Thursday, August 22, 2013

Rep. Robert Hurt Introduces Bill to Help Families Save for College

WASHINGTON, DC – Congressman Robert Hurt (R-Virginia) and Congressman John Delaney (D-Maryland) have introduced H.R. 3029, the College Savings Enhancement Act, which would update current securities laws to allow state-run prepaid college savings plans the freedom to invest more broadly, enhancing their ability to meet their obligations to the families purchasing their plans.


"I am proud to introduce this bill along with my colleague, Rep. Delaney," said Congressman Hurt.  "This bipartisan legislation provides a commonsense update to our securities laws, allowing families who invest in these prepaid college savings plans to get the most return on their investments.  Virginia, along with several other states throughout the country, offers these plans, which are excellent avenues for hardworking families to plan for the costs of their children's higher education over time.  I look forward to doing all I can to ensure this bill moves forward so that prepaid college savings plans like the Virginia 529 Plan are able to best serve families investing in their children's futures," Hurt continued.


Congressman Delaney added, "Making college more affordable is imperative to keeping the American Dream in reach for all Americans.  529 Plans are an important part of the equation for many families, including those in Maryland.  I'm proud to join Congressman Hurt on the bipartisan College Savings Enhancement Act, which strengthens 529 programs around the country.  Making higher education more affordable and accessible isn't just the right thing to do; in a global economy, it's the smart thing to do.  Training a high-skill workforce is critical to making our economy more competitive, and Republicans, Democrats, and Independents understand that education leads to better jobs."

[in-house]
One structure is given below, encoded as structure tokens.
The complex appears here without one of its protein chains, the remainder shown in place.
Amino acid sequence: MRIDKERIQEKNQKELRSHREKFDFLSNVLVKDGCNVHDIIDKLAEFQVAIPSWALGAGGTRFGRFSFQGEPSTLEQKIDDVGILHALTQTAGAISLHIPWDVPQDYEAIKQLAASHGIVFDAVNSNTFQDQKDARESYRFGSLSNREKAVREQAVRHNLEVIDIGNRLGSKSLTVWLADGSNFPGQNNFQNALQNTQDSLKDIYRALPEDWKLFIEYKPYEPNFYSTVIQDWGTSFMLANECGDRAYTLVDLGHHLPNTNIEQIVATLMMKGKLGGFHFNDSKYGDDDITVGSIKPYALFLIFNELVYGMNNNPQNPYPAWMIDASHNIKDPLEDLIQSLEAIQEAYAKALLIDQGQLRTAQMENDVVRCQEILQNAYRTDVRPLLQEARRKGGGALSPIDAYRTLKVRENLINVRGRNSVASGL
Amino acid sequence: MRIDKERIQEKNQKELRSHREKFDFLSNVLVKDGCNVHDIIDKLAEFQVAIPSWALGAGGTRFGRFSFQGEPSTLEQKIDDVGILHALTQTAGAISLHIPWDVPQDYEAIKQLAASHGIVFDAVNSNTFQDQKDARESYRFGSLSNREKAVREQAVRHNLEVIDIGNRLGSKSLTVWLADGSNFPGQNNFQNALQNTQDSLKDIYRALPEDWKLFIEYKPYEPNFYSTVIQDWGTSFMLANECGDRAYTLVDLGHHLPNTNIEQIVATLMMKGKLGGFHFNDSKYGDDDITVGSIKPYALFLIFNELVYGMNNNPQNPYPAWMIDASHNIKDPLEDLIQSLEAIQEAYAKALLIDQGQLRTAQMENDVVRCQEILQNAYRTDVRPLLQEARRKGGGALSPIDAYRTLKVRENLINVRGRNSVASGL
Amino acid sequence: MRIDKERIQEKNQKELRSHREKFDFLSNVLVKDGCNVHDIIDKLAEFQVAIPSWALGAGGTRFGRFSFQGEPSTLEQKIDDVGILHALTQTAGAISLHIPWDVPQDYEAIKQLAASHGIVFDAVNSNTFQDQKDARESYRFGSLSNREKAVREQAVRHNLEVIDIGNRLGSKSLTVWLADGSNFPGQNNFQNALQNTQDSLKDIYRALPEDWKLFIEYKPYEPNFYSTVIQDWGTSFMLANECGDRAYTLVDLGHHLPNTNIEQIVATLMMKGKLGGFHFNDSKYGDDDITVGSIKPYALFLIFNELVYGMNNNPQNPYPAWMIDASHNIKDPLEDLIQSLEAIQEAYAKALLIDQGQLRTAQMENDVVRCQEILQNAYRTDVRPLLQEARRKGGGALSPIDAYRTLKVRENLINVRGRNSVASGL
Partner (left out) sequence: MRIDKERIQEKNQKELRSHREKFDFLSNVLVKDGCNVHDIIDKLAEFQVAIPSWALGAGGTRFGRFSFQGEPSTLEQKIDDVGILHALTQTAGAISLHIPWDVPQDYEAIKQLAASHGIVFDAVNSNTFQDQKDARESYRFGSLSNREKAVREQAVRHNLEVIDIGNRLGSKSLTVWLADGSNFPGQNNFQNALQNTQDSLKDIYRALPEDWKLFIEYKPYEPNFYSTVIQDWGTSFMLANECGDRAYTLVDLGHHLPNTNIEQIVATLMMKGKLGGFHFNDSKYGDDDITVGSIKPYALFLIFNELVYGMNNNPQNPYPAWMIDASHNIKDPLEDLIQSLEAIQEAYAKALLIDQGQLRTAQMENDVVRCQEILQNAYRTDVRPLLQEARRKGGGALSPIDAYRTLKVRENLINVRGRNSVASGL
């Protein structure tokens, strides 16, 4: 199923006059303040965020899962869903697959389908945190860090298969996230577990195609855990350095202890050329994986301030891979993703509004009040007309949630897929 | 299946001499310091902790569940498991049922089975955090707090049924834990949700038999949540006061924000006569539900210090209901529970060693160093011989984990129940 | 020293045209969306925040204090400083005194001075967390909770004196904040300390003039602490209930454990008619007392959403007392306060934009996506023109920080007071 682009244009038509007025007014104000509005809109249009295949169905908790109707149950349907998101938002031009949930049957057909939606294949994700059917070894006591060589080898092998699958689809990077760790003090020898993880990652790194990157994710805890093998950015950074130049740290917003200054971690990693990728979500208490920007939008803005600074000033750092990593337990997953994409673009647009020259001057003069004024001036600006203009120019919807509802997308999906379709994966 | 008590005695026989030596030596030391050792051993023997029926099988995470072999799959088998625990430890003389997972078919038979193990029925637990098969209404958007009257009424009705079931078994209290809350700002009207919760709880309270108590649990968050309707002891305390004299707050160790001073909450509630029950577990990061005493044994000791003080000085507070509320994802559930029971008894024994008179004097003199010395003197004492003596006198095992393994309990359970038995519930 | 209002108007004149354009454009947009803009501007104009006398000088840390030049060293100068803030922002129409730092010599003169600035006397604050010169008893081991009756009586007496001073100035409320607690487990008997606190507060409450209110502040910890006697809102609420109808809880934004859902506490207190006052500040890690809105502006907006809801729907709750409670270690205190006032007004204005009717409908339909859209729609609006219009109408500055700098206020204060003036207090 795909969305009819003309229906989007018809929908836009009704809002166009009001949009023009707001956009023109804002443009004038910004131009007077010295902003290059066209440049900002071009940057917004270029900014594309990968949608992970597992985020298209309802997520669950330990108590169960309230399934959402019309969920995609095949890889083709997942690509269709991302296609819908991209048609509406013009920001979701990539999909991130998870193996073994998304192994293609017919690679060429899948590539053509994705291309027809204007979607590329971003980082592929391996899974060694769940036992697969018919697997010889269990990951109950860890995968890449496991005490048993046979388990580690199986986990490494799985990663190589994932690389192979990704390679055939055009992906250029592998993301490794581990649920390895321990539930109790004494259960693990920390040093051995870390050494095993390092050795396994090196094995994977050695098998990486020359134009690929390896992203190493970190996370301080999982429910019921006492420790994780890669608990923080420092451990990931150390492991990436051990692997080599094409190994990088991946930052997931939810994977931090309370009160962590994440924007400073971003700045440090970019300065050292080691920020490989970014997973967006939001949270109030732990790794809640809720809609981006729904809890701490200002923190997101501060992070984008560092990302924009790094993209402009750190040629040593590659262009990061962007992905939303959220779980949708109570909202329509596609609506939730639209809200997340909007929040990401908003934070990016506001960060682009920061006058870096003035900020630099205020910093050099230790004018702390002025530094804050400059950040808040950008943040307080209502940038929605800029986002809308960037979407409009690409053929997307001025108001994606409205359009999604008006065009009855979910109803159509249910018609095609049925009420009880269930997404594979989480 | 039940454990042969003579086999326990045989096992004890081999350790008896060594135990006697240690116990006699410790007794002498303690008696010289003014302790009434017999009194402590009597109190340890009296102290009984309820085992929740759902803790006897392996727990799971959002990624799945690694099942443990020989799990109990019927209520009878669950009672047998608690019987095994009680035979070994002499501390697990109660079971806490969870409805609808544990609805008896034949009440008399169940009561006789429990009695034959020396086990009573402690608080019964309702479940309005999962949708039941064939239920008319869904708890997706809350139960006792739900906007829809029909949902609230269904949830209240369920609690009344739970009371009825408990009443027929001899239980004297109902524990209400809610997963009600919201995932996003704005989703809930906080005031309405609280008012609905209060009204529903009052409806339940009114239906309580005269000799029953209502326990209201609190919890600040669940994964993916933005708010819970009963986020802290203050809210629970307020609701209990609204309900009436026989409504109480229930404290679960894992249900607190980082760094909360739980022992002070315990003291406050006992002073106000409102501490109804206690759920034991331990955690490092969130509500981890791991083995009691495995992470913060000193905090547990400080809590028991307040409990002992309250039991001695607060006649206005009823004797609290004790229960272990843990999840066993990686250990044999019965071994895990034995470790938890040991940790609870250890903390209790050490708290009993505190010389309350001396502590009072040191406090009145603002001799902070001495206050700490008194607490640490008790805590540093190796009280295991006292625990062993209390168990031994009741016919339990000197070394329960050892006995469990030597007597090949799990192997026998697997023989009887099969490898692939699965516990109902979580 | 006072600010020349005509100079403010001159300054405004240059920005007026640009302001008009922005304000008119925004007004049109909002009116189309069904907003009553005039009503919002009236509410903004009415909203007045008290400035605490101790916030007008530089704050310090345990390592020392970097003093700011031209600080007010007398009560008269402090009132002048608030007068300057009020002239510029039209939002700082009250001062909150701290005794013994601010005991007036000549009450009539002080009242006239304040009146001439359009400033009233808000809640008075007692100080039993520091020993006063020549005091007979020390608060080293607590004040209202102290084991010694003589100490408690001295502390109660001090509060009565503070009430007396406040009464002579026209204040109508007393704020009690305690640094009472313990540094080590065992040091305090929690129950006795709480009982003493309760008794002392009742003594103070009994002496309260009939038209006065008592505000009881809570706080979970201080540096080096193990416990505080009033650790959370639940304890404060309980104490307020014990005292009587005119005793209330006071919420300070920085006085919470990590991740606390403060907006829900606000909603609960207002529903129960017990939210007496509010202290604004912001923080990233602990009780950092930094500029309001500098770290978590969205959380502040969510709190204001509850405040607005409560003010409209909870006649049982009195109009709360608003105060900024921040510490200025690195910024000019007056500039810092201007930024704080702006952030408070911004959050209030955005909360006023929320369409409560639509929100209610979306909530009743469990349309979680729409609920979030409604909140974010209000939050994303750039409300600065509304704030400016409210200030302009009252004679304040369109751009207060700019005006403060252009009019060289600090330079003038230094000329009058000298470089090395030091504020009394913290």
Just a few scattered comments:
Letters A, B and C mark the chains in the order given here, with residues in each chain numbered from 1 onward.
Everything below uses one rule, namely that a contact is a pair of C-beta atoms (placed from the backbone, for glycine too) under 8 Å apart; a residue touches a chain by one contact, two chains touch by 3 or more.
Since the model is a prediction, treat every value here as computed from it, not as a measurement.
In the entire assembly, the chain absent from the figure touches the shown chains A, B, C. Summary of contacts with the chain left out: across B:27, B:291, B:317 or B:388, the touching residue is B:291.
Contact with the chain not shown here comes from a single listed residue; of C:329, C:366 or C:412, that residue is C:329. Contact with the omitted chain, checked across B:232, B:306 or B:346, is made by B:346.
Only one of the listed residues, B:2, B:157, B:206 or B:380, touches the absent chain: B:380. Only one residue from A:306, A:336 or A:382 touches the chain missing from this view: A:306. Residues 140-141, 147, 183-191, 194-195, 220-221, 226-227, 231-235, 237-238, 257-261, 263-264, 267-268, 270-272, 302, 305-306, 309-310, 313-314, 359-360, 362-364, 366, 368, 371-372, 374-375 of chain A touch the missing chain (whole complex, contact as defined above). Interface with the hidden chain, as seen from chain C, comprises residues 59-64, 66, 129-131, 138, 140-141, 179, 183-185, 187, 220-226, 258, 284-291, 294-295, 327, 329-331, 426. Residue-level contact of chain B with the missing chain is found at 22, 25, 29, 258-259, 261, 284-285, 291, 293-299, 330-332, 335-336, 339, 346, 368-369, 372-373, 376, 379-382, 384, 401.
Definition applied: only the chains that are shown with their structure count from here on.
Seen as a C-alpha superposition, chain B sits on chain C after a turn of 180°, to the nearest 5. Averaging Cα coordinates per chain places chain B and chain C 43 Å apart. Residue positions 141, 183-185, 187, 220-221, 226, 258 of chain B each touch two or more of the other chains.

Currently, prepaid college savings programs, which allow families to prepay future tuition and fees at public colleges or universities within the state the plans are offered, are not considered Qualified Institutional Buyers (QIBs) or Accredited Investors (AIs) under federal securities laws.  This restricts them from investing in ways to maximize returns and meet the obligations to those who participate in their plansSimilar entities, however, such as state-run employee pension funds, are included in the definitions for these rules. 


The College Savings Enhancement Act permits these prepaid college savings plans to come under these rules and allow them, like state pension funds, to invest in a wider portfolio and better meet their obligations to the families investing for their children's education.